There you are, enjoying yourself and the vibe around you, showing your support or protesting an injustice. Suddenly, you hear angry shouts and see smoke. The entire group of people around you shifts to make room for whatever is happening. This isn’t what you signed up for and now all you really want is to get to safety.

Having the ability and freedom to voice your concerns or support a cause is one of the things that sets America apart from other countries. Yet no matter what your personal feelings or intentions, you can inadvertently end up in a riot atmosphere because of the actions of people around you. This is something you can prepare for in advance, and know what to do if you find yourself in such situations.

 

Prepare for Large Gatherings

If you’re going to a large gathering, you know where it’s at, which means you can also plan for the good and bad. Before the event, visit or research the location to look for the basics, like places to eat, public bathrooms and emergency aid stations. You might even make a map of the area and mark easy exits on a map as well as committing them to memory. Pack your own first aid kit, just in case you or someone else needs help.

 

Develop Surrounding Awareness

It only takes one person to get people revved up and turning to violence. Pay attention to your surroundings. Do you see people who may be wearing heavy layers of clothing or coats when the weather doesn’t call for it? Is there someone who seems to be instigating arguments or taking a stance that seems over the top? Do you see anyone carrying a large duffel bag, backpack or purse that looks like it could hold something more than the average supplies for such events?

Pay attention to the people around you and avoid being close to anyone who seems suspicious. Trust your instincts. If your gut tells you something amiss is about to happen, head for the nearest exit. There is no cause worth taking the risk of unnecessary violence or mayhem.

 

Stay to the Outskirts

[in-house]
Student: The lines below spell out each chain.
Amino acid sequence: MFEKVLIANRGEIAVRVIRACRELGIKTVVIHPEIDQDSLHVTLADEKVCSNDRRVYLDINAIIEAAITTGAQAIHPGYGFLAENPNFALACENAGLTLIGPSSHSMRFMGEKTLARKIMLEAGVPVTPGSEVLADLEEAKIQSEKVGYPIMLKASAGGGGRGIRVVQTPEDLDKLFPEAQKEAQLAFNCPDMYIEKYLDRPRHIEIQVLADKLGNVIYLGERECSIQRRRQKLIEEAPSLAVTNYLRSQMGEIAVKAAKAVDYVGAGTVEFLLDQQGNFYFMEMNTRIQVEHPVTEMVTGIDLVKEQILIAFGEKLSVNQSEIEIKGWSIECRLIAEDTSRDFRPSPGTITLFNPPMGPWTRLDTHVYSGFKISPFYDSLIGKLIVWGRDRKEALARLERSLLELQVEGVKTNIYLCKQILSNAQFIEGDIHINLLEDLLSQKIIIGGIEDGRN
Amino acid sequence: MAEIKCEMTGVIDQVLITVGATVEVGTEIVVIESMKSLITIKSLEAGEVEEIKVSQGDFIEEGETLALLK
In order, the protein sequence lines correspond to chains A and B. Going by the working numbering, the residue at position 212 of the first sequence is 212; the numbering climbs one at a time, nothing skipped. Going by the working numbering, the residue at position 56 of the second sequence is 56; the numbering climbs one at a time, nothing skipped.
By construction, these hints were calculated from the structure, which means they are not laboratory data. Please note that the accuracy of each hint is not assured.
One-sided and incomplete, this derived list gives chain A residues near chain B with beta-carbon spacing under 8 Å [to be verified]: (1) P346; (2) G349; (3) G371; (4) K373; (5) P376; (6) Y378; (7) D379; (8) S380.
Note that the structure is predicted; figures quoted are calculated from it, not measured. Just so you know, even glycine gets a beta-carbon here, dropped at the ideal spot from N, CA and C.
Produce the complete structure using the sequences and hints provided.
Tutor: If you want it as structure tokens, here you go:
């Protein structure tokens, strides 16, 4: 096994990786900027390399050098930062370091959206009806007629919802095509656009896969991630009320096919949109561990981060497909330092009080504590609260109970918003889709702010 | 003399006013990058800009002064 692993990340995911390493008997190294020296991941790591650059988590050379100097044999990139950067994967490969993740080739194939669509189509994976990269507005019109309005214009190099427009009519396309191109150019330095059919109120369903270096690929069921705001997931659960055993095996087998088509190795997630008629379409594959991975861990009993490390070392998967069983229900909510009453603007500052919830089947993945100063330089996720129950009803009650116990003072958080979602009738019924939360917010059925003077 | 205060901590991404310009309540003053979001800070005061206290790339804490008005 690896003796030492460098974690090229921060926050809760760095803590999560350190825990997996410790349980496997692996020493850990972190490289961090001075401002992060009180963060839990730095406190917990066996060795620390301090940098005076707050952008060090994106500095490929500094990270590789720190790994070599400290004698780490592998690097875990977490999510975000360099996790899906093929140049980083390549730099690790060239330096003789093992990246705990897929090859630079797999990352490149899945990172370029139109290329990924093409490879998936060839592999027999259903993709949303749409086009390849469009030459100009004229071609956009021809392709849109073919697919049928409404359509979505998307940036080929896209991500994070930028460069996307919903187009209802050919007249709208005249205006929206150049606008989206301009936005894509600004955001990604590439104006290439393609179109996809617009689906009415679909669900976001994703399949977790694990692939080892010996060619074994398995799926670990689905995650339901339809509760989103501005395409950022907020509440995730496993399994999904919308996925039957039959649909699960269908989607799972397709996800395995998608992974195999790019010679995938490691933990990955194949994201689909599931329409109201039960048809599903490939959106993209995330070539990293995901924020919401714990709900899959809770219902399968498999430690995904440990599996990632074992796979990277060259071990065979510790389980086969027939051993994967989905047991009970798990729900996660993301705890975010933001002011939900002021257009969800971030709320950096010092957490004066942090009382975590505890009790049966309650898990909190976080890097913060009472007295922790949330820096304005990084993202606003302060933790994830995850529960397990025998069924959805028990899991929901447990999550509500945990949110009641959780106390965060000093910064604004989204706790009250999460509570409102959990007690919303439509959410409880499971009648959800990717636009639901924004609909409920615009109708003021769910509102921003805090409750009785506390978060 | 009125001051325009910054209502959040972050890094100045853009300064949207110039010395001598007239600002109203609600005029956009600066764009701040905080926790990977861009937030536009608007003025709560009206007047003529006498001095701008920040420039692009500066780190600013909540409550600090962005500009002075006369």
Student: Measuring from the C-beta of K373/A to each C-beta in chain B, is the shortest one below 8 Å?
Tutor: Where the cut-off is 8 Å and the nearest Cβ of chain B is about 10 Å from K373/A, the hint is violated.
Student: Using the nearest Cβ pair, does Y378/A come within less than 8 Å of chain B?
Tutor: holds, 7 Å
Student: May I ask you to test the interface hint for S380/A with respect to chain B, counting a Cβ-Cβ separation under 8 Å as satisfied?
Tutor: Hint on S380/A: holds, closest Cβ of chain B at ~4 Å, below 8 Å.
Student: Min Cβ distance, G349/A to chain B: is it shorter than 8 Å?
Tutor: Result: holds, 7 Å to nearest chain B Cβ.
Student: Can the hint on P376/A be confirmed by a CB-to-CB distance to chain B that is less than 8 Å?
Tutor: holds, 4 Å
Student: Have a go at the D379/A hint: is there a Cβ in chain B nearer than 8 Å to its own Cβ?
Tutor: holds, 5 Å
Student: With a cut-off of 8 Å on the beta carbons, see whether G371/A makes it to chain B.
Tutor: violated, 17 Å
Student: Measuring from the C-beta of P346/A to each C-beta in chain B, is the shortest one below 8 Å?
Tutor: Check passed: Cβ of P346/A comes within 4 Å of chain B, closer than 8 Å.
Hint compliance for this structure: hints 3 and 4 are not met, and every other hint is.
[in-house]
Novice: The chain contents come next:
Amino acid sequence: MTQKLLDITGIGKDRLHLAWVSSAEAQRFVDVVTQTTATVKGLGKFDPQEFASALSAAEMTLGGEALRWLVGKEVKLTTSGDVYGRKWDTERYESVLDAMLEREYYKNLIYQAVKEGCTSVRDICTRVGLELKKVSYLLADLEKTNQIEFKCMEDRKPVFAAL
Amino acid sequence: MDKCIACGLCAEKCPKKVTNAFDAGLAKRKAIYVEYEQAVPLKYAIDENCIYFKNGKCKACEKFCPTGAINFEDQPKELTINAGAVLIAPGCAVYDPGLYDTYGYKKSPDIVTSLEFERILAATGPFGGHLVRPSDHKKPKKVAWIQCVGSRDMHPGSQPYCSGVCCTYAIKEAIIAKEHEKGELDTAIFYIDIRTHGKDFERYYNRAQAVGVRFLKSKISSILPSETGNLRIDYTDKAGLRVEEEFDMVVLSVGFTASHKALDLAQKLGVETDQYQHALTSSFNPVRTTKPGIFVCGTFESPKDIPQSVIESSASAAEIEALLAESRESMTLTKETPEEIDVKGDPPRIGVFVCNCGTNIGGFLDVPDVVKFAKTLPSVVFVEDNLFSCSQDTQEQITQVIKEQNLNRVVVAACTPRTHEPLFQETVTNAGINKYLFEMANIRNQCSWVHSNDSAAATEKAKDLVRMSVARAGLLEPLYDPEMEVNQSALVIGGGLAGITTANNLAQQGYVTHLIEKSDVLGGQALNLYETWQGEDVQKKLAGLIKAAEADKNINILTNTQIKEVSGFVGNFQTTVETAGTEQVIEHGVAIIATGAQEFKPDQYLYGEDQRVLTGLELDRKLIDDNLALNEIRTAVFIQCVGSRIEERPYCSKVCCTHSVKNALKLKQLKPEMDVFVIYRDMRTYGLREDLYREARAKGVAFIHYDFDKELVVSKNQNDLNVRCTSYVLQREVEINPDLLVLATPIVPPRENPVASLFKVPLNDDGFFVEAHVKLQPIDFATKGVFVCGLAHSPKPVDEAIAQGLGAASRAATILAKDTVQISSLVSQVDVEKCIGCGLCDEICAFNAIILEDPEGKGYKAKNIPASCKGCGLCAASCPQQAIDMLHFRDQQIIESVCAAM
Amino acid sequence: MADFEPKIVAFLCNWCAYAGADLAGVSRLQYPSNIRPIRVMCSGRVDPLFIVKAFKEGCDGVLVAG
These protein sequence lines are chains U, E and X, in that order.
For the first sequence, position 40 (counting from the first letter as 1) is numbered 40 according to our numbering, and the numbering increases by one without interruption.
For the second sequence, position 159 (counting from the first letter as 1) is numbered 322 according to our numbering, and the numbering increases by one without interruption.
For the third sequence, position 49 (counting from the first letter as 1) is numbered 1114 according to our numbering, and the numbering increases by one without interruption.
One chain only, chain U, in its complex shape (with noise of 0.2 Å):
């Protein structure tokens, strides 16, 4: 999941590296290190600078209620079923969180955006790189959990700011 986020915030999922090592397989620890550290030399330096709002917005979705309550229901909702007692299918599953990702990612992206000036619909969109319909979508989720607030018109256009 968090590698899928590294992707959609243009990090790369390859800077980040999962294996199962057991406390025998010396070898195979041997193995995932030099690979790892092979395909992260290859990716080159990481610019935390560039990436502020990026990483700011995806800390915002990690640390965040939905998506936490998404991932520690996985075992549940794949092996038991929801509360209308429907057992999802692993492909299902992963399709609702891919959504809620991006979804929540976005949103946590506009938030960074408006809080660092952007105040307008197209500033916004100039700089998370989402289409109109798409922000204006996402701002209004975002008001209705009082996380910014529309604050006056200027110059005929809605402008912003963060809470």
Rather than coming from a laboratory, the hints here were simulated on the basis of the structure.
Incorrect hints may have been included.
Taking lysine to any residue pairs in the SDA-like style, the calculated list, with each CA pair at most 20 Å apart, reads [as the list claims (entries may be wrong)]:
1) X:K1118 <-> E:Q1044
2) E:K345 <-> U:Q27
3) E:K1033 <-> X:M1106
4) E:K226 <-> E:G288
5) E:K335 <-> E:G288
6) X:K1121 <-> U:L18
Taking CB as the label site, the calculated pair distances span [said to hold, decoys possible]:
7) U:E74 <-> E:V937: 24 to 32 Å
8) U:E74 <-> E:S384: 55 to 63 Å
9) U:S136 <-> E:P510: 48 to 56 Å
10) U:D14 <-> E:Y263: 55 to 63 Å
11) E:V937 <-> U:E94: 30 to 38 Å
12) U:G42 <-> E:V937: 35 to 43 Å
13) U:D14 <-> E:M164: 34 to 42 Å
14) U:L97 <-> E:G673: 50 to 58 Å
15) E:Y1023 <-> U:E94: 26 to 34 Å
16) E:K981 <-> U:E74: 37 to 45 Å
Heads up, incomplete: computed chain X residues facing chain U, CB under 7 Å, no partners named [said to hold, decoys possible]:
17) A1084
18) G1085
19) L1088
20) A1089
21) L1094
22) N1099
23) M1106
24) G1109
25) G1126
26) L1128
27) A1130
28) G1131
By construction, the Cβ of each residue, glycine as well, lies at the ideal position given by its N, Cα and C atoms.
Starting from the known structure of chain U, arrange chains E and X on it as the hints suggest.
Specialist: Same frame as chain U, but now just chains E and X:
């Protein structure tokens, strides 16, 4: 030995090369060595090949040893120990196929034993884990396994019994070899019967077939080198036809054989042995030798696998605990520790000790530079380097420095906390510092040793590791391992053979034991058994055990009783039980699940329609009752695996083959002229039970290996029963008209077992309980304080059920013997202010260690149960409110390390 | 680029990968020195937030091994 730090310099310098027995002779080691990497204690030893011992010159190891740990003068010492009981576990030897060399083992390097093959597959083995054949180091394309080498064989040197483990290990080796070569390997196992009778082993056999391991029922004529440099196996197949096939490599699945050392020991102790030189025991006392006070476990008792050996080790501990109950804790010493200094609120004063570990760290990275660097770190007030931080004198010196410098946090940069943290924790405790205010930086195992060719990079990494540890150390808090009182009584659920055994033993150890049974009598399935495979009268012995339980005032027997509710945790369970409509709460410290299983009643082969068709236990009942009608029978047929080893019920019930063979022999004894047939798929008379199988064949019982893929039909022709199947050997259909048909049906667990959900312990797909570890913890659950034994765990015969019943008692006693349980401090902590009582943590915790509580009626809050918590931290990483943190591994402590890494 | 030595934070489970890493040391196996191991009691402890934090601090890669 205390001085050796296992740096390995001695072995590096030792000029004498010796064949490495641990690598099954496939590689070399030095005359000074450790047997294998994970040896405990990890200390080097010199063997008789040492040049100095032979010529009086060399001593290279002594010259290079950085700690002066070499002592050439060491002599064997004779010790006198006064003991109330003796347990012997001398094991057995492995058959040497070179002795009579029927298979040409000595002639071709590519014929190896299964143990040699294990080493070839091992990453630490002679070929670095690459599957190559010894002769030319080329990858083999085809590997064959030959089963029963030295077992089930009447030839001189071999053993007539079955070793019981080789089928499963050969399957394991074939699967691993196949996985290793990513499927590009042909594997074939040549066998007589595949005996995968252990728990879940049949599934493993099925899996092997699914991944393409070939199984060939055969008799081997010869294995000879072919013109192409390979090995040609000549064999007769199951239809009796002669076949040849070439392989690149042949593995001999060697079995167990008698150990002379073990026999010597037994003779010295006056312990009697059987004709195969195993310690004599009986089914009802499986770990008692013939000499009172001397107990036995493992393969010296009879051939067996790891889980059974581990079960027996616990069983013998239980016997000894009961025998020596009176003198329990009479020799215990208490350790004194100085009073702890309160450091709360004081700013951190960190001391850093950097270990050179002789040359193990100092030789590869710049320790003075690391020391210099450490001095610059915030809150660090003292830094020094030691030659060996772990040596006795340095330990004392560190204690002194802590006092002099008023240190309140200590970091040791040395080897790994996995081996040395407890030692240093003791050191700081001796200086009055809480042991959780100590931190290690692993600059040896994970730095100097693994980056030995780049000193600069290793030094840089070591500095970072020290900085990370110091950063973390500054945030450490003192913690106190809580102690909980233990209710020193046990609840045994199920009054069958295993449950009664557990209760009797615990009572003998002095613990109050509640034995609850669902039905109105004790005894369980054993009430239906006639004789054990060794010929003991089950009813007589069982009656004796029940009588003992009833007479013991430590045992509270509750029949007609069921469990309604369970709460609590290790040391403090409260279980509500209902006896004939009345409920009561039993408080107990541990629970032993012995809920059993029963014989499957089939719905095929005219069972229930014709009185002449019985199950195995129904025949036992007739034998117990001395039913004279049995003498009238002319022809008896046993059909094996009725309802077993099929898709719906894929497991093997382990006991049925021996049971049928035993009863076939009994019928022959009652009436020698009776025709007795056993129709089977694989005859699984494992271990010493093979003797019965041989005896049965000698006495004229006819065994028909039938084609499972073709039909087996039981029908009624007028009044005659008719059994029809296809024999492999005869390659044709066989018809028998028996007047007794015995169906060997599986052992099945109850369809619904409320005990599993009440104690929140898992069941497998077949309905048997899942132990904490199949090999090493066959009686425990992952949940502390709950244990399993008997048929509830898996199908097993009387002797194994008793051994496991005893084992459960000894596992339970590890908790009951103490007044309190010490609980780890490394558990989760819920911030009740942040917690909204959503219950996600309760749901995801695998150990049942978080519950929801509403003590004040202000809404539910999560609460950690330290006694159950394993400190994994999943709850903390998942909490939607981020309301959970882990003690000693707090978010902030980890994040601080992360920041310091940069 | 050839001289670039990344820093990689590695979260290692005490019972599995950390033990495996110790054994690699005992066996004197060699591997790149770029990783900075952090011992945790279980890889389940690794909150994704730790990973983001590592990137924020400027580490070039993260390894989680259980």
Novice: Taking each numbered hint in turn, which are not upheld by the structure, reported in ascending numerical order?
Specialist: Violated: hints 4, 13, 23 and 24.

You might be tempted to be right there in the middle of a crowd. However, you’re much safer on the outskirts. Those in the center of the crowd are more likely to be pushed in directions they might not want to go. They might also be trampled or otherwise injured.

Stay to the outskirts of the crowd so that if things do go badly, you have a better chance at making a safe exit. If you find yourself in the middle of a crowd, don’t try to cut through it. Instead, go with the flow and gradually make your way to the outskirts.

 

Become the Grey Man

When things start to look like they’re going downhill, as devoted to a cause as you might be, your devotion should now shift to your safety. This is when you become what’s known as the “grey man.” This persona agrees with the people around them in an effort to avoid violence. That doesn’t mean you cheer them on or join in the riot, but you do mirror their stance when approached so that they are under the impression you’re on their side. As quickly as you can, excuse yourself and walk away, but don’t engage in a debate.

 

Avoid Police

You’re scared, and want to feel safe again. Your first instinct might be to approach the nearest police officer. But in times like these, the police have no idea who is with them and who is against them. On top of that, they really need to focus on those who are putting you and/or others in danger. At this point, just had for the nearest exit and let the police do their jobs without putting yourself at risk.

If you do have to approach the police, even if you’re just passing by, keep your hands in plain sight, preferably with palms out so they can see you are not a threat.

Remember, no matter how devoted to a cause you are, your safety comes first. Even a tame gathering can become a place of violence. Plan ahead and always keep in mind that any large gathering has the potential to turn into a riot.